Bitter Religion–What Would MLK Do?

Former President Jimmy Carter is an evangelical Christian. It was just lucky for him that when he ran for president in 1976 he had his Jesus credentials in place. All our politicians were suddenly born-again, and the voters were acting as if they were born yesterday. Since then, displaying religion is right up there with ‘being fun to have a beer with’ and dodging ‘gotcha’ moments.

When some inflammatory excerpts from sermons by Senator Obama’s former pastor, Jeremiah Wright, were broadcast on ABC news this March, Senator Clinton was already doing a ‘gotcha’ on this comment Obama made during a fund-raising speech…

“It’s not surprising, then, they get bitter, they cling to guns or religion or antipathy to people who aren’t like them or anti-immigrant sentiment or anti-trade sentiment as a way to explain their frustrations.”

What, us bitter? No way, that would be unpatriotic. We always look on the bright side of life. And it sounded like Obama was implying that religion could be a bad thing. What is he, against God? Religion is always a measure of how good a person is — the more religious, the better. Right? Like in Northern Ireland, or Iraq.

It seems unfair to castigate Barack Obama for saying that religion can be divisive and reinforce a siege mentality. He’s dealing right now with a former pastor who offers a mixed message of hope and paranoia, who seems to have become so attached to a conspiratorial vision of America that he is, perhaps unwittingly, undermining the candidacy of the first African-American politician who actually has a chance of winning the presidency.

If Senator Obama had not made this connection before, he’s got time now to reflect on how bitterness can distort religion in the Black community, as in other parts of our society. Bitterness can spark loyalty to deeply flawed leaders when those leaders mix their demagoguery with truths that no one else dares to speak. But the prophetic tradition that inspires in church is not a substitute for debate and process in the state house. Religion and politics is a bad combination.

The Rev. Jeremiah Wright is no stranger to politics. He presided for many years over a powerful church in a large denomination with its roots in American history. The Rev. has not been isolated and is not inexperienced. He could have taken this opportunity to build bridges. But even reading his interview with Bill Moyers, a fellow member of the United Church of Christ , who invited him to explain his more inflammatory sermons, Rev. Wright seemed more interested in justifying himself. If he has become too used to preaching to the choir, he has forgotten how to reach out to people who will not understand the context of his anger. He missed a chance there.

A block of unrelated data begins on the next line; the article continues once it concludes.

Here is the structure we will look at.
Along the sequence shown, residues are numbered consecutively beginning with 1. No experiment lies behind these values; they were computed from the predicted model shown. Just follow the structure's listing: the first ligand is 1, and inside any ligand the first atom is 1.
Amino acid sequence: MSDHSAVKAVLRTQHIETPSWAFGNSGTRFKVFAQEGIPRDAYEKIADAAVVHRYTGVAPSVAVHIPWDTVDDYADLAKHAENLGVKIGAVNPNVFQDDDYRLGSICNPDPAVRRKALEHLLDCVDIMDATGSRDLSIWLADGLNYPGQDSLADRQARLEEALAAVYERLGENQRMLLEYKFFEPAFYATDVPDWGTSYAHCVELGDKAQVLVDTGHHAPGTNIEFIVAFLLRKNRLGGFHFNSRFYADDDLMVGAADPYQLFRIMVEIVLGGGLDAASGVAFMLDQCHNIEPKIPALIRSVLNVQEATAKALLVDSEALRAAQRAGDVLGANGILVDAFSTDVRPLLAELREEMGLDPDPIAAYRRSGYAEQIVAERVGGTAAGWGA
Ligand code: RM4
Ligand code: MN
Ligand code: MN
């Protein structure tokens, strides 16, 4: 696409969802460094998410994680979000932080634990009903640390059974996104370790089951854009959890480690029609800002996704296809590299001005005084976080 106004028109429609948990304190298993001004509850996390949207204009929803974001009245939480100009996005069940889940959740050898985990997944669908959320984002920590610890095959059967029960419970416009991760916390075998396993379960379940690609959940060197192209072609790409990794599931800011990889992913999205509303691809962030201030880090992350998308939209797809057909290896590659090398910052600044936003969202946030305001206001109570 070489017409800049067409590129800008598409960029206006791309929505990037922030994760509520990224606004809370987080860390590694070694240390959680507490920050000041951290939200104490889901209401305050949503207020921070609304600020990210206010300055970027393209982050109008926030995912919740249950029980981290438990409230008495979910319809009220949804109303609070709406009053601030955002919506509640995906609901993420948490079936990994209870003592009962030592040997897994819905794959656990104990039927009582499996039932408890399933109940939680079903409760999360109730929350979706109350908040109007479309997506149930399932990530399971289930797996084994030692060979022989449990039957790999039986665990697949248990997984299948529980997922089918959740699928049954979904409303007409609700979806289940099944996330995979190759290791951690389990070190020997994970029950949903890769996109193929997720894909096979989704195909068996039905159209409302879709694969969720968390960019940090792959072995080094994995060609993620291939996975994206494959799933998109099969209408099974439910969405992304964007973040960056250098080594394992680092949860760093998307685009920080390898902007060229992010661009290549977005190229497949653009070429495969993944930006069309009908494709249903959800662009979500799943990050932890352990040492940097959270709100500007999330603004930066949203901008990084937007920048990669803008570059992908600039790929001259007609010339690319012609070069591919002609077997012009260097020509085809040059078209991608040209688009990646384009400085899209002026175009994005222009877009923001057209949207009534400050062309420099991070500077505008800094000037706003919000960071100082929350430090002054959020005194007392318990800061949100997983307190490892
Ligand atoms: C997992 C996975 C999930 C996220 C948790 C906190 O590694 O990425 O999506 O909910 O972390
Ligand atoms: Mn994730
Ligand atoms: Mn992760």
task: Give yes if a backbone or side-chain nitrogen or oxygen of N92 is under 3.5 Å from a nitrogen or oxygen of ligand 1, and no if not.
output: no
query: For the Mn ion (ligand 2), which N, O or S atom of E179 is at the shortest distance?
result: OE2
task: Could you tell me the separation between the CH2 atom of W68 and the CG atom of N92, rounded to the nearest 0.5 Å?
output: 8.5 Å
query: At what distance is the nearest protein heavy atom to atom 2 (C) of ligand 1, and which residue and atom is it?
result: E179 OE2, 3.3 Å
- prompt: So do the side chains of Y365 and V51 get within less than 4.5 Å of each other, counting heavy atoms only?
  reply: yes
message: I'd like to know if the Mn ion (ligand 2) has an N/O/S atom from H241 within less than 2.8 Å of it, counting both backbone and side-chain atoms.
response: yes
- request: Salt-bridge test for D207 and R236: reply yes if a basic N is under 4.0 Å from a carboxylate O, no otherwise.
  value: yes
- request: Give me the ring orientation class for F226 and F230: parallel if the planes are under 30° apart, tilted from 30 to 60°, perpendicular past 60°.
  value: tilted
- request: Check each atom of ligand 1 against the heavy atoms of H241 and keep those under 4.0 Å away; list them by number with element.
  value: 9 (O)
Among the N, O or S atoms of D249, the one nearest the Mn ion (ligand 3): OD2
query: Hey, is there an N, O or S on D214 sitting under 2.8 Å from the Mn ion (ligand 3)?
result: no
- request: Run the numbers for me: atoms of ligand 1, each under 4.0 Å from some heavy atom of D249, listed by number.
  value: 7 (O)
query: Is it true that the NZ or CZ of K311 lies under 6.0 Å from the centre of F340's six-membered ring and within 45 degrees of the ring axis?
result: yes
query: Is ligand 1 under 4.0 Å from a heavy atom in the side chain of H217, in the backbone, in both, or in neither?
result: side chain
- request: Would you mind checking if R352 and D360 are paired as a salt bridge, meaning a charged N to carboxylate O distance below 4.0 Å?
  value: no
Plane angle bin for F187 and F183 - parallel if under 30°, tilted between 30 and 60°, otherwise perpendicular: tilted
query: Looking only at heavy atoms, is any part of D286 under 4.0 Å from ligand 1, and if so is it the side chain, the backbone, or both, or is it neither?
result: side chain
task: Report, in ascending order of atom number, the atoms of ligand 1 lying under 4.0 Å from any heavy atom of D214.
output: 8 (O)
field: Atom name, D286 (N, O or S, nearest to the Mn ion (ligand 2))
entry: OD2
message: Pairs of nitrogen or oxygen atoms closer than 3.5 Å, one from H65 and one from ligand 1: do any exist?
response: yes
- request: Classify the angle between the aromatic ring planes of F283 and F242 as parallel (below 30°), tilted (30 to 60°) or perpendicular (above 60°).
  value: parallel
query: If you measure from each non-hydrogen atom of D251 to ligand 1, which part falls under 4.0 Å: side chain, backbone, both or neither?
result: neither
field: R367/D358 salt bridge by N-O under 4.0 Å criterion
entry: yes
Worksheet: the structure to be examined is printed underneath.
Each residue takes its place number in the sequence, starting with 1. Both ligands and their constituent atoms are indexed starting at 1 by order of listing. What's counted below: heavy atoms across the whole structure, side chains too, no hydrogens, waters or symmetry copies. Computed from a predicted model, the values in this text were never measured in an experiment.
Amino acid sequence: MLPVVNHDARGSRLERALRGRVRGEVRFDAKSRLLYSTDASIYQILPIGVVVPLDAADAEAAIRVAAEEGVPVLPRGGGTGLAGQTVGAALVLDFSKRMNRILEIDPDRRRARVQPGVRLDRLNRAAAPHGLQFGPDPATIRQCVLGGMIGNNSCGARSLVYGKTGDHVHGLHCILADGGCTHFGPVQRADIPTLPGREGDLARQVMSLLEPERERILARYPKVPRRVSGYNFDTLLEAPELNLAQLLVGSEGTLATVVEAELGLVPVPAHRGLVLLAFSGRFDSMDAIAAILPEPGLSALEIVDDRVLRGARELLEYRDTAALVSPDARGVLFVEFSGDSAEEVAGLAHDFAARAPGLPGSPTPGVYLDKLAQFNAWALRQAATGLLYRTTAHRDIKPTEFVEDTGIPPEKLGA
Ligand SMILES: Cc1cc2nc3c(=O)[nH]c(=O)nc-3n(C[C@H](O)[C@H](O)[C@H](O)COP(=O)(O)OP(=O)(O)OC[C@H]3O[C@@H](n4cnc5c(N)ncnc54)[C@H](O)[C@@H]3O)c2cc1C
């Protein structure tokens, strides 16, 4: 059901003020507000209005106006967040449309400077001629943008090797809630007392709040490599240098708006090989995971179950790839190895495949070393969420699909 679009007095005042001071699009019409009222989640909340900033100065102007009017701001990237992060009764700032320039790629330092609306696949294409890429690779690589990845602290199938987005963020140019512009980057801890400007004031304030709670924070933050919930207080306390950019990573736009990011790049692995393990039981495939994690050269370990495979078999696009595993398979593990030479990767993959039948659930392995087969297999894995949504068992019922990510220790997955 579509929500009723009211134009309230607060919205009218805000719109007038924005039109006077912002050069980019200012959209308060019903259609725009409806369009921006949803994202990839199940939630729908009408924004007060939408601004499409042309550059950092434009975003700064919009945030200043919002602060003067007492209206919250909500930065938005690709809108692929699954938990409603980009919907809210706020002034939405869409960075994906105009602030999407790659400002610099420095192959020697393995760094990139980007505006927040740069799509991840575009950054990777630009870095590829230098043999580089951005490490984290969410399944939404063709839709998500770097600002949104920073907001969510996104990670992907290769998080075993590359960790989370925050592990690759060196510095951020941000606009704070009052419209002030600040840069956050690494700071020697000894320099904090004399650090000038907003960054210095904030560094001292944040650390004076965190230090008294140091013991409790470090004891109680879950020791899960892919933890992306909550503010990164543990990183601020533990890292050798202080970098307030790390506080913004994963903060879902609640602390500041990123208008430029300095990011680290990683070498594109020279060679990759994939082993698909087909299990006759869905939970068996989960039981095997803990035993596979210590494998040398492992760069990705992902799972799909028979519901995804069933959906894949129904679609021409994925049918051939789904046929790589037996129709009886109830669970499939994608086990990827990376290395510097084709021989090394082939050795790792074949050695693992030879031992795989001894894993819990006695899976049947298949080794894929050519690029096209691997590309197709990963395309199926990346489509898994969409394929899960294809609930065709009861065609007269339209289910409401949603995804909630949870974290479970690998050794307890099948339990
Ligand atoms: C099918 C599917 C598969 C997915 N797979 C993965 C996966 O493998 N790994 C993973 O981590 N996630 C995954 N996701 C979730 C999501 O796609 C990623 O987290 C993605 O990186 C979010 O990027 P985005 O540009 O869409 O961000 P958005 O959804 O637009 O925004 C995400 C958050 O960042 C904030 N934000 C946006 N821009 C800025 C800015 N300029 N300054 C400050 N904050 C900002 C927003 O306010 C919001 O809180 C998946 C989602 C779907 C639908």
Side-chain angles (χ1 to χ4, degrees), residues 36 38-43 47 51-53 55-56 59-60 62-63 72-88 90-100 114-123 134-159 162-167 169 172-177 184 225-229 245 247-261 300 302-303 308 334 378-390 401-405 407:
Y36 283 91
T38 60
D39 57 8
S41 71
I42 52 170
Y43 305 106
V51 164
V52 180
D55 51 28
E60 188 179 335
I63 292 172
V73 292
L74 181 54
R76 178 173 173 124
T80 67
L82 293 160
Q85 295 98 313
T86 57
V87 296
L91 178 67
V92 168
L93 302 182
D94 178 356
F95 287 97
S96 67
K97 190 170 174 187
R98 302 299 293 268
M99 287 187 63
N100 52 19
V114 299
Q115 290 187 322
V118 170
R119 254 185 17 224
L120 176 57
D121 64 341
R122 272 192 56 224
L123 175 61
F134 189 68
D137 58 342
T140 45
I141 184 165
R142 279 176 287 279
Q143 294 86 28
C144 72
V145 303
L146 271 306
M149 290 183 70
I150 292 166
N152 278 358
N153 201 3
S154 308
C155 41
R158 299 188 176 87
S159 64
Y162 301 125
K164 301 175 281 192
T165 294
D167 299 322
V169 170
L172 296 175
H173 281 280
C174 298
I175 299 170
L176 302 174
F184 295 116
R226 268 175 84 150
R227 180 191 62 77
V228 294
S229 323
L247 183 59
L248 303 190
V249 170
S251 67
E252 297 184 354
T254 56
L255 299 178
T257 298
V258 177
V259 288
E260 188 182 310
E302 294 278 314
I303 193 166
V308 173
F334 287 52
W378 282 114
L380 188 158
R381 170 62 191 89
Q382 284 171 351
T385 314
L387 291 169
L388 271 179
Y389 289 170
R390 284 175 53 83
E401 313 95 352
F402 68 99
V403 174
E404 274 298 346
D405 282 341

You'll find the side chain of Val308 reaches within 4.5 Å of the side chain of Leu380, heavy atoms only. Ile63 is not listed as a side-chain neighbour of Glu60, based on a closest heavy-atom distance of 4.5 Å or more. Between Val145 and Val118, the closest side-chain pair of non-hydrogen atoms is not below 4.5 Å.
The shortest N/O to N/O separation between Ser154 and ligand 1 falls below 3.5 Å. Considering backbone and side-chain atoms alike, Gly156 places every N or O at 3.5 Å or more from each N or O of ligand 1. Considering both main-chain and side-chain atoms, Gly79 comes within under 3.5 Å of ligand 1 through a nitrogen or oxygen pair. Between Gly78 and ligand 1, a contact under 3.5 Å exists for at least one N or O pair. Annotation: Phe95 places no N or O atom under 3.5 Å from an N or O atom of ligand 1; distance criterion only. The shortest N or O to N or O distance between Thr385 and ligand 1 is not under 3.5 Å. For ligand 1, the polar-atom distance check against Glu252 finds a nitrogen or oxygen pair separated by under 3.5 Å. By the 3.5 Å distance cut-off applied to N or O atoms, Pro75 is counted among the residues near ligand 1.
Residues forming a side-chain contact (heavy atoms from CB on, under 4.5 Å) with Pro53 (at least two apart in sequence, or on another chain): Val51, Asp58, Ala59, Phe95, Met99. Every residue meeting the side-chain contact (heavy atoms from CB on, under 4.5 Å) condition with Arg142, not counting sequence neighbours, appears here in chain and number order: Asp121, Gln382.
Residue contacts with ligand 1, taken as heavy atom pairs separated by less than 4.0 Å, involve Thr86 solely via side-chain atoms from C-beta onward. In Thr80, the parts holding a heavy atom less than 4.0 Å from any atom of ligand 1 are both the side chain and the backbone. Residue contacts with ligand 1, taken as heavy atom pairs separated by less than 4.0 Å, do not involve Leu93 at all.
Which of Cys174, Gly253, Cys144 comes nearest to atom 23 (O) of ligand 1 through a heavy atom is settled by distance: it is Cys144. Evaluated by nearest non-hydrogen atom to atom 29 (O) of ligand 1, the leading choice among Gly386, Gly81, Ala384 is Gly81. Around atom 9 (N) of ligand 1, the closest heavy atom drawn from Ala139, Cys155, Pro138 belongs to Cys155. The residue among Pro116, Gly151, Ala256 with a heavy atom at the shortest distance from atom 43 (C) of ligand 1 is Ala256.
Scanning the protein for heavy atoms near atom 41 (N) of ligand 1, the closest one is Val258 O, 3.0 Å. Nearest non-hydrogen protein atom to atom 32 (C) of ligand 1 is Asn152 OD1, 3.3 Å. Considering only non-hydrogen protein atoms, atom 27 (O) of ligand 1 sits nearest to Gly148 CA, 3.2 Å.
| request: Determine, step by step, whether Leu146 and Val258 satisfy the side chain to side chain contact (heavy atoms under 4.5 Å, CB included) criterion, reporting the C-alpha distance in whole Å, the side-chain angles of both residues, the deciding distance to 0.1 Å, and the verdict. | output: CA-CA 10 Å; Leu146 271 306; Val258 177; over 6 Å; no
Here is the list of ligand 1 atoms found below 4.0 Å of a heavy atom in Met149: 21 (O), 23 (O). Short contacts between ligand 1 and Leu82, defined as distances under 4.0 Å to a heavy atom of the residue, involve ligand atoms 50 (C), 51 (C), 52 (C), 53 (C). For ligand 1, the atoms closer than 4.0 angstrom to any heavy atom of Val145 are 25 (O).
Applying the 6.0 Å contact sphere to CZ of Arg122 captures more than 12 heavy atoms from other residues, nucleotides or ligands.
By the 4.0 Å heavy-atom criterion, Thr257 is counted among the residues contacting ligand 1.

Still, he is not without substance. An excerpt from one of Rev. Wright’s sermons, on the attacks of 9/11, contains a great deal of the kind of truth that politicians don’t dare to speak.

“Violence begets violence. Hatred begets hatred. And terrorism begets terrorism. A white ambassador said that y’all, not a black militant. Not a reverend who preaches about racism. An ambassador whose eyes are wide open and who is trying to get us to wake up and move away from this dangerous precipice upon which we are now poised. The ambassador said the people we have wounded don’t have the military capability we have. But they do have individuals who are willing to die and take thousands with them. And we need to come to grips with that.”

The truth is that the attack on 9/11 did not come from nowhere, but from people who resented our country because of our actions in the Mideast. For generations the US has been politically involved, and we’ve made enemies. If we don’t face that truth, then we won’t elect leaders who are able to negotiate peace. “They hate us for our freedom” was never an explanation.